By Harsh V Pant
Last week, after 10 long years of negotiations, India and Australia finally signed the India-Australia Economic Cooperation and Trade Agreement in a virtual ceremony attended by prime minister Narendra Modi and his Australian counterpart Scott Morrison. Modi rightly described it as “a watershed moment for our (India-Australia) bilateral relations,” underlining that “consensus on such an important agreement in such a short period of time shows the mutual trust between the two countries.” Morrison emphasised the pact as the single-largest government investment in Canberra’s relationship with Delhi, and given the impending elections in his country, suggested that “this agreement opens a big door into the world’s fastest-growing major economy for Australian farmers, manufacturers, producers and so many more.”
The interim agreement is expected to benefit several sectors in India, including textiles, leather, furniture, jewellery, and machinery, even as it lifts tariffs on more than 85% of Australian goods exports to India. It comes at a critical time as both India and Australia are reassessing their trade policies. India is trying to establish its credentials as a country ready to do business with trusted partners, and is busy finalising a number of “early harvest” pacts. Australia is seeking to reduce its trade dependence on China by diversifying its export markets after being at the receiving end of Beijing’s trade weaponisation.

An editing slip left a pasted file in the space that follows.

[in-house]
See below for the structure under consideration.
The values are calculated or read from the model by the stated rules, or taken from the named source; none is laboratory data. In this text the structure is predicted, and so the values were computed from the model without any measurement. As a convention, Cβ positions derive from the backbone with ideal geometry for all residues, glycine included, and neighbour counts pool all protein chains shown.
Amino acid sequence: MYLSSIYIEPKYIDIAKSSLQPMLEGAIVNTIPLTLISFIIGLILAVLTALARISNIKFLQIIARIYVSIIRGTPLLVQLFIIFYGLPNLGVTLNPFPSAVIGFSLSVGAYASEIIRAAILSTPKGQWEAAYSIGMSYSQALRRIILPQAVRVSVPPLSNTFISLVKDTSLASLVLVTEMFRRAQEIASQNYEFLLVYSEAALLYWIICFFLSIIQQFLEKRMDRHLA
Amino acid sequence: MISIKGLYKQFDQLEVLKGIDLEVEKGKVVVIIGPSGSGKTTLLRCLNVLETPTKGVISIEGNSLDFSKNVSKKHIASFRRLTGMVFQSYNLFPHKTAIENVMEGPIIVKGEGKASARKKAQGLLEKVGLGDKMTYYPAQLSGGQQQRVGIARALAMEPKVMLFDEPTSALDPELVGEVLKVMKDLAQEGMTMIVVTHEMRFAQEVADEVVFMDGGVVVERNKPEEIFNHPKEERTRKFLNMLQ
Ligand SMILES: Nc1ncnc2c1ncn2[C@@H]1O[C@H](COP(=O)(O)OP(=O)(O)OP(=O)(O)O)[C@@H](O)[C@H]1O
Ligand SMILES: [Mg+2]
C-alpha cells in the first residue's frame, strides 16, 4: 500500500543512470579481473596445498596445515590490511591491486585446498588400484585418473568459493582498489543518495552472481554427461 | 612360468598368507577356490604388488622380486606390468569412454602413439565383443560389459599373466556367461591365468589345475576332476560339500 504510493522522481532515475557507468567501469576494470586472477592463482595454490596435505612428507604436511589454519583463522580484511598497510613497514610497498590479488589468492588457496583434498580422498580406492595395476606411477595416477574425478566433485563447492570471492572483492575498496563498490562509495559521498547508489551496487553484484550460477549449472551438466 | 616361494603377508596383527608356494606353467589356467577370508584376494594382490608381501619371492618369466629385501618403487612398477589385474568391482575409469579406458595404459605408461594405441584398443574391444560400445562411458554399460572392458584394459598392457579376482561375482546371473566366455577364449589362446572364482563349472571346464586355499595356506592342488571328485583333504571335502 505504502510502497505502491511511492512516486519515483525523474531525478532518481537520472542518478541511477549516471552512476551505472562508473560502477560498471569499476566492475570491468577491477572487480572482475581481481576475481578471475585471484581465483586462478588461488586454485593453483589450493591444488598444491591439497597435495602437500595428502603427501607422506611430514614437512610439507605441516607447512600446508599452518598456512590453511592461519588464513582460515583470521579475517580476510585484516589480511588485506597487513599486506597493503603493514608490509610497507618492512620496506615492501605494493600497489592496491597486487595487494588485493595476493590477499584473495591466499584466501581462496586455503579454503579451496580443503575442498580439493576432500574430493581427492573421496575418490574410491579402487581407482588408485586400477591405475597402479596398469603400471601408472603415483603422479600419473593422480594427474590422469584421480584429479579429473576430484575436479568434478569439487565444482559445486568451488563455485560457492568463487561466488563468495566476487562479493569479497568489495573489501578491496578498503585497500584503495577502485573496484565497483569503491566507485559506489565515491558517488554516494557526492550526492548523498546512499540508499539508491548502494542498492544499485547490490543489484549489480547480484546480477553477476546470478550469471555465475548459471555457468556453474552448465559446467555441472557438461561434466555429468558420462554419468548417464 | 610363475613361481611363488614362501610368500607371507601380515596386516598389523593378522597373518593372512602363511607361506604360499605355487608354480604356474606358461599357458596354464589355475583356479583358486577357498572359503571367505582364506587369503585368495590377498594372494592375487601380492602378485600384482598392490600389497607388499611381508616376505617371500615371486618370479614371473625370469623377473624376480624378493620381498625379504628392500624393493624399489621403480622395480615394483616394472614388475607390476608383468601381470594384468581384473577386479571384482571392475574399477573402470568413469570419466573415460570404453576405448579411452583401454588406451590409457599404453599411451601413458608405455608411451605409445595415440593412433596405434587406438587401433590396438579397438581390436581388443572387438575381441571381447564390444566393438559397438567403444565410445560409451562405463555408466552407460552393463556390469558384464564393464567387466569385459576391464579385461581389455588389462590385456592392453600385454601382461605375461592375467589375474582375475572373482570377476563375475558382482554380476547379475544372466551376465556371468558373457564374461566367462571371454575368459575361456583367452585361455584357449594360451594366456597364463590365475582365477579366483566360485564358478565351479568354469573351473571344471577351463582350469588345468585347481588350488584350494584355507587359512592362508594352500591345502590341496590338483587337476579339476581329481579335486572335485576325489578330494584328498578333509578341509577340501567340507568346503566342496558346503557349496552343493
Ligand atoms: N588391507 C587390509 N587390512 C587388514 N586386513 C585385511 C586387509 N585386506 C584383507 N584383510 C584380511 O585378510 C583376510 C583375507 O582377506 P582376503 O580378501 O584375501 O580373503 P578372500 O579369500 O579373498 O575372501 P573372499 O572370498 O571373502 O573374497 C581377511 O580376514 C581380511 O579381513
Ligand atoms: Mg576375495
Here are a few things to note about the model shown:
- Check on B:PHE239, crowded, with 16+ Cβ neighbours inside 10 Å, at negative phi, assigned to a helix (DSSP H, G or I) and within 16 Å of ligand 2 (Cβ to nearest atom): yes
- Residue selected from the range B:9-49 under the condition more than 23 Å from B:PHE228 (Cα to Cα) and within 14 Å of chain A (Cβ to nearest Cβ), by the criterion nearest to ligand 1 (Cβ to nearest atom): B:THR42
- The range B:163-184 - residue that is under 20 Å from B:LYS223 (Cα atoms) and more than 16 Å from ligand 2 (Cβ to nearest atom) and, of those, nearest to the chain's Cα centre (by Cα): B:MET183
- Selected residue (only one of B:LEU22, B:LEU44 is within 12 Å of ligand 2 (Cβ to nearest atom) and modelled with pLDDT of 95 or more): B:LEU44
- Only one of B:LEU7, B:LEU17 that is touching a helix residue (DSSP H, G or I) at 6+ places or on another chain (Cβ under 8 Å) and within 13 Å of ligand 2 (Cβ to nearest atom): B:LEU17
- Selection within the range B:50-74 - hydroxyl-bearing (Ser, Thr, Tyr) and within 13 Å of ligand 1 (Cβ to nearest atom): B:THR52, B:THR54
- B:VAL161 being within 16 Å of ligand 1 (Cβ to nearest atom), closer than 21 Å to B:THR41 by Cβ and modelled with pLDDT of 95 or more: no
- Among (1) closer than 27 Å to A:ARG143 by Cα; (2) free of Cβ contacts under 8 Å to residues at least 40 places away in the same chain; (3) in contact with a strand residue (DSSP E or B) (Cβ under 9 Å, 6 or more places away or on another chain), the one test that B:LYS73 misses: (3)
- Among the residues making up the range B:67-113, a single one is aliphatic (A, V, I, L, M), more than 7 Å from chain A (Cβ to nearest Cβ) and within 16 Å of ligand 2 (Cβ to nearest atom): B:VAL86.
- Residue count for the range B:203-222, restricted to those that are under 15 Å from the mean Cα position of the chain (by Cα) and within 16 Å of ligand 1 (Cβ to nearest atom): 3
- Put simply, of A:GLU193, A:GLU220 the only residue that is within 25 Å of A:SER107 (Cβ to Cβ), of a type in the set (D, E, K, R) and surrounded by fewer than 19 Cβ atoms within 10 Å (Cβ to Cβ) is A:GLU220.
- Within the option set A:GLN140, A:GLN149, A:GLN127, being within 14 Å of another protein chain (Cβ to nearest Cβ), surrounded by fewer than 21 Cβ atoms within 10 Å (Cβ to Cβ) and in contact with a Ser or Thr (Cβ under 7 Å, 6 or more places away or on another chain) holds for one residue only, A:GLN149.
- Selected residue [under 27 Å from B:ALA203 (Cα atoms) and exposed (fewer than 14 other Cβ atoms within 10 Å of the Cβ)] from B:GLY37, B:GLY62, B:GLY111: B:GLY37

In the past, trade was seen as a means of reducing geopolitical tensions. “Let us trade more and become friends” was the mantra of the past. Today, it is moving to a phase where nations want to trade only with friends and like-minded countries. Geopolitics is driving the trade and technology agenda, and it is this geopolitical convergence in the Indo-Pacific that is also driving the present upward trajectory in the India-Australia relations. The Indo-Pacific maritime geography is the fulcrum around which New Delhi and Canberra are mapping their strategic priorities. As Australian high commissioner to India, Barry O’Farrell, has cogently articulated, “our (India and Australia’s) geography places us squarely in the middle of the world’s strategic center of gravity. And as the international system becomes more multi-polar, the region’s resilience will be tested.” Australia and India have, therefore, according to O’Farrell, accepted a shared responsibility to ensure a peaceful and inclusive Indo-Pacific where the rights of all states are respected regardless of their size.